I'm nearly halfway through Howard Hughes: His Life and Madness, supposedly the most thorough and accurate biography of Hughes. The film The Aviator was based upon it. So far, it's a fascinating read. The place I'm at is around 1953-54 when Hughes was beginning to spend more and more time in Las Vegas. I've never understood how someone like Hughes could enjoy being in a place like Vegas. According to authors Donald Barlett and James Steele:
Las Vegas held other charms for Hughes aside from a favorable tax structure. He liked the glamor and gaudiness of the town; he enjoyed prowling the city at night, cruising the casinos and hotels in search of attractive young women available for an evening's dalliance. (p. 189)
Okay, now I understand it. He wasn't completely crazy. Additionally, Hughes rented a five-room bungalow adjacent to the Desert Inn called the Green House:
The Green House was Hughe's main residence for about a year in 1953-54, but eventually...he abandoned plans to make Las Vegas the capital of his empire. Even so, he wanted the Green House in a state of readiness, and he gave detailed instructions for "sealing" it against the day of his return. "He wanted everything there beautifully preserved just the way it was,when he came back," recalled Nadine Henley. A Hughes employee secured the doors and windows with tape, then painted over the tape with a sealer. (p. 189)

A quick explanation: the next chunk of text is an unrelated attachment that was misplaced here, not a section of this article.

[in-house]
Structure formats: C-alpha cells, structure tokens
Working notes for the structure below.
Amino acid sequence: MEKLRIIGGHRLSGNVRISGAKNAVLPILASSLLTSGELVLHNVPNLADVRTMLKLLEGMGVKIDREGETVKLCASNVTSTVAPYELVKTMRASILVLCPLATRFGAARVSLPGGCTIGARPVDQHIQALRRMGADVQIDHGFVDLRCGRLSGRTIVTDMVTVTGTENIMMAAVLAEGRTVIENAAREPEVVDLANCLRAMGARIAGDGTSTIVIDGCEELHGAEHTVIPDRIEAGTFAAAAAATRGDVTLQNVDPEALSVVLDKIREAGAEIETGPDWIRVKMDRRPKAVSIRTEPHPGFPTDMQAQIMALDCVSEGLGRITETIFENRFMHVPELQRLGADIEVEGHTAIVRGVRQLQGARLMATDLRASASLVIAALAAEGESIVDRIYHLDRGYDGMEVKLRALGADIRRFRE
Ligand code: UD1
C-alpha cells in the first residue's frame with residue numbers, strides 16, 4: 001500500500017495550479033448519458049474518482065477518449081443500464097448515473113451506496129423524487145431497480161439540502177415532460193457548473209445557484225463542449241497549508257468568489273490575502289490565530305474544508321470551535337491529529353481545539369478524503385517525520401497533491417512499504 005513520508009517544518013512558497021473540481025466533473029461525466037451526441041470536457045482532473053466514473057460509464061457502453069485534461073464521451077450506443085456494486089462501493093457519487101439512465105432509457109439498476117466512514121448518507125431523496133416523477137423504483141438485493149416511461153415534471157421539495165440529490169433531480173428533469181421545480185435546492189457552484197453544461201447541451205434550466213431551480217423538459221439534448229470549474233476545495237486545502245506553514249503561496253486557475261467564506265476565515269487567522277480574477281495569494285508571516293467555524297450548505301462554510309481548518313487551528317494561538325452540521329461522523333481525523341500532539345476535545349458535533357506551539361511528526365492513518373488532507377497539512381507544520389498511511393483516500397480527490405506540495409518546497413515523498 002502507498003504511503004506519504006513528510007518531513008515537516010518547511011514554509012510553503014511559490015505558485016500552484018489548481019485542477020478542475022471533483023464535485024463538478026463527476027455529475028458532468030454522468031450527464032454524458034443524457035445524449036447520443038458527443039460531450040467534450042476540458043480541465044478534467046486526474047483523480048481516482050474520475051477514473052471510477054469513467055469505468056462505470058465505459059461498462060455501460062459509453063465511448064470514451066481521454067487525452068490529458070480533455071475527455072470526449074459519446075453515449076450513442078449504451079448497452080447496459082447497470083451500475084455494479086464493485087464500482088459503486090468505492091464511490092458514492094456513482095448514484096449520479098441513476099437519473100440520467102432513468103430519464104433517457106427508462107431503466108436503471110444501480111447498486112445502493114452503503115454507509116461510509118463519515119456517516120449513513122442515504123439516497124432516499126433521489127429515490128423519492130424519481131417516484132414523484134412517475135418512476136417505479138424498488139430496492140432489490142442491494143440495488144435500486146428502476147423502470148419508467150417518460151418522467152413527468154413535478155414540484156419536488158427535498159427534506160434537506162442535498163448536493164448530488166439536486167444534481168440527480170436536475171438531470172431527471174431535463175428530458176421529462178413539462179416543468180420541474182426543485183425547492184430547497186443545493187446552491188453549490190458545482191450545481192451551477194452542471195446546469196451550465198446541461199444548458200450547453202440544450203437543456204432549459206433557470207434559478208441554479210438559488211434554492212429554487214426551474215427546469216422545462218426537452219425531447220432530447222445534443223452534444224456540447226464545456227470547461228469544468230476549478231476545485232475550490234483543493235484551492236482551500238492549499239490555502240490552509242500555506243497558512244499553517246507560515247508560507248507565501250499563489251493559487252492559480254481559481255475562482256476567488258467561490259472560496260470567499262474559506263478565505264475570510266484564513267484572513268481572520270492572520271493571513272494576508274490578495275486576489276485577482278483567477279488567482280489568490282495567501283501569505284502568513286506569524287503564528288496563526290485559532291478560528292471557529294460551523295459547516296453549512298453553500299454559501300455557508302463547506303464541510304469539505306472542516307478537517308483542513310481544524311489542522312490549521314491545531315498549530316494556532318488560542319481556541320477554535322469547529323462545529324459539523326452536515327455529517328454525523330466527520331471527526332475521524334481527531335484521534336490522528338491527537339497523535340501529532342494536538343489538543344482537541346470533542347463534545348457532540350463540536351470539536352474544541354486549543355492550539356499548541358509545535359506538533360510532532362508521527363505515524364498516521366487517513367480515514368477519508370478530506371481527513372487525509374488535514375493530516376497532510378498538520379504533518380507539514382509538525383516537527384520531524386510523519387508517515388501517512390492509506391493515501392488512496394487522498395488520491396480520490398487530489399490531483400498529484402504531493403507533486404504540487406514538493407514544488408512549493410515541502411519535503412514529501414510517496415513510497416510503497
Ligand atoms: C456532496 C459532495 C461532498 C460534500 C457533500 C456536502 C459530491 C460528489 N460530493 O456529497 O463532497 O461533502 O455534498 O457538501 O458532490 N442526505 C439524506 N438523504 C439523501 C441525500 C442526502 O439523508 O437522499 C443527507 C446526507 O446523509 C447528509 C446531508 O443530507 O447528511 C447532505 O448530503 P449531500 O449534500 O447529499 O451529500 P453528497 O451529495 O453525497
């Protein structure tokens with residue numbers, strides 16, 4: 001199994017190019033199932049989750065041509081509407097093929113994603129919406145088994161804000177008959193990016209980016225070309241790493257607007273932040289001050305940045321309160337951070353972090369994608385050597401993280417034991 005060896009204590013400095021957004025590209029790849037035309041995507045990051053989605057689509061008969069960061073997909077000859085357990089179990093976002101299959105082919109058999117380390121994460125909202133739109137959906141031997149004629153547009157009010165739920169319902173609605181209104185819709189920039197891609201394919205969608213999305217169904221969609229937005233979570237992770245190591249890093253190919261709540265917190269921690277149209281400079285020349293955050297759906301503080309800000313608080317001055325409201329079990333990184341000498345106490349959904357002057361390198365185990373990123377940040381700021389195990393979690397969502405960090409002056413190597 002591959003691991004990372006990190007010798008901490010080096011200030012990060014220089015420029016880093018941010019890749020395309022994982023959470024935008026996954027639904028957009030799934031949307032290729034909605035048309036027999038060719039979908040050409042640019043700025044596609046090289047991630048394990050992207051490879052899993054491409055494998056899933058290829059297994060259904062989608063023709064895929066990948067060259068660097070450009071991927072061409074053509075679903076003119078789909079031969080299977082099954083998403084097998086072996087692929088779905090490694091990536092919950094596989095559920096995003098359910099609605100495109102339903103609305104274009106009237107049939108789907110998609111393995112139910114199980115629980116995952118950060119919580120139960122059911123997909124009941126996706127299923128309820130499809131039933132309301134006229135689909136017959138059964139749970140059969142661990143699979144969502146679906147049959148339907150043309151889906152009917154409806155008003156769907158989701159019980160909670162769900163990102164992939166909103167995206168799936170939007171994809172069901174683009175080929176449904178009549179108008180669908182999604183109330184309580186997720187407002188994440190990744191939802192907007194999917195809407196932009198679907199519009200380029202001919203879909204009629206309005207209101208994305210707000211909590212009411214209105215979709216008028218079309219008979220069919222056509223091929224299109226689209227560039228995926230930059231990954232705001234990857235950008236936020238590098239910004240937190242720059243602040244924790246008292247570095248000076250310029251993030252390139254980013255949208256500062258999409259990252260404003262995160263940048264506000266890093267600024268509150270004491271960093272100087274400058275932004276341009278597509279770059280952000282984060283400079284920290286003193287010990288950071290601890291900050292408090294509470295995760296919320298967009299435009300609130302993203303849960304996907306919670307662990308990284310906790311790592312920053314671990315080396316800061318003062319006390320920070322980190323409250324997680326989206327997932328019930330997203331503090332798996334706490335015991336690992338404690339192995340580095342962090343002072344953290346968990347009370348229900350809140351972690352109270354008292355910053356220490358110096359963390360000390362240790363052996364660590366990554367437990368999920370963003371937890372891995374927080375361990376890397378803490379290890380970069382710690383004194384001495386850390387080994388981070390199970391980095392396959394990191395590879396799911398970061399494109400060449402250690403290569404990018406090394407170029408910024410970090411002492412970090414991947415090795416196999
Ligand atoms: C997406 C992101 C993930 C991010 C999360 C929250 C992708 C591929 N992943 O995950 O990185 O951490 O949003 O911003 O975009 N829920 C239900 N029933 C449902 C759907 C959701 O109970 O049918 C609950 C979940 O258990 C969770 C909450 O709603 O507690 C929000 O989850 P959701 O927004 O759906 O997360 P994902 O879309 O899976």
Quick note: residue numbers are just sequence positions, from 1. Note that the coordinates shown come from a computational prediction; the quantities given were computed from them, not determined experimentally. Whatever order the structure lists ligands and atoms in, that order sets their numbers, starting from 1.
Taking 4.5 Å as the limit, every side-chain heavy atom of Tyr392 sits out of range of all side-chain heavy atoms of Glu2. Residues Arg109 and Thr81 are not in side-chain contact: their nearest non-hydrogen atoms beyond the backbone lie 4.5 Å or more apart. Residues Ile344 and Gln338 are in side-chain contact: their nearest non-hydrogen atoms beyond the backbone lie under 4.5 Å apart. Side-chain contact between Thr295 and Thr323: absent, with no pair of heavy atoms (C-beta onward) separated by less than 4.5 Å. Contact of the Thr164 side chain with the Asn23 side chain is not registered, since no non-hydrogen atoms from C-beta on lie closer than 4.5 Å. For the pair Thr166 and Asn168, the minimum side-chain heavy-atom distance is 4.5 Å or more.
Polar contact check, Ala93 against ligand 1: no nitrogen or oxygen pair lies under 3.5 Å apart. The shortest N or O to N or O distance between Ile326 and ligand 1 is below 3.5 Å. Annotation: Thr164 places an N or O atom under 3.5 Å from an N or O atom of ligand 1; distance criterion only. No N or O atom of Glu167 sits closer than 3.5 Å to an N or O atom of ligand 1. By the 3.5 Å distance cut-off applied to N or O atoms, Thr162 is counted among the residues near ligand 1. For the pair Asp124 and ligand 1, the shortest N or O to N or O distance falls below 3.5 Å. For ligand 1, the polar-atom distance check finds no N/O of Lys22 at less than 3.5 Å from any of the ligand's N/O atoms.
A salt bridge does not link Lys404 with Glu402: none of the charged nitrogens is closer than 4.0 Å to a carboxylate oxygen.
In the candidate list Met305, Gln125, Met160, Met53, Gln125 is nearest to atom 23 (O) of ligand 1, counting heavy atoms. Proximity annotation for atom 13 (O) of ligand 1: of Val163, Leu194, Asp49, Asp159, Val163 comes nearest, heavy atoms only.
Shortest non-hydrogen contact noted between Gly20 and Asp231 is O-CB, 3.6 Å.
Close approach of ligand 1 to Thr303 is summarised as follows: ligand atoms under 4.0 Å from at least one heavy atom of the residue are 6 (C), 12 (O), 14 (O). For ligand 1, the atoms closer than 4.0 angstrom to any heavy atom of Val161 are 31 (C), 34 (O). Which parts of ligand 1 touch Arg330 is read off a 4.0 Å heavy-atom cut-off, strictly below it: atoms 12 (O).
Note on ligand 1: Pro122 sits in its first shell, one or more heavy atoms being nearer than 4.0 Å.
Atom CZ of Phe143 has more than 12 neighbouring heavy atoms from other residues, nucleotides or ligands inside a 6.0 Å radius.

Hughes never returned to the Green House, alothough he did continue to lease and later own it until his death. Two weeks after he died, officials of the Hughes organization opened the house and found a twenty-two-year-old time capsule. In addition to chairs, tables, divans, linen, half-used bars of soap, and other standard household furnishings, the Green House contained an electric Westinghouse refrigerator--still running--two newspapers dated October 13, 1953, and April 4, 1954, keys to Room 186 at the Flamingo Hotel and Room 401 at the Hotel Miramar, twin beds with soiled sheets, some Sahara casino gambling chips, eight telephones in five rooms, a letter from "Jane to Howard" dated December 5, 1952, a script titled "Son of Sinbad," two yachting caps, a 1953 appointment dairy believed to belong to Jean Peters, a box of Christmas decorations, and a fruit cake. (pp. 189, 190)
And I'm sure the fruit cake was still edible.
The pictures are from Welcome Home Howard, part of the University of Nevada's Special Digital Collections library. Check it out for a lot of great pictures, some rare, of Howard Hughes in his prime.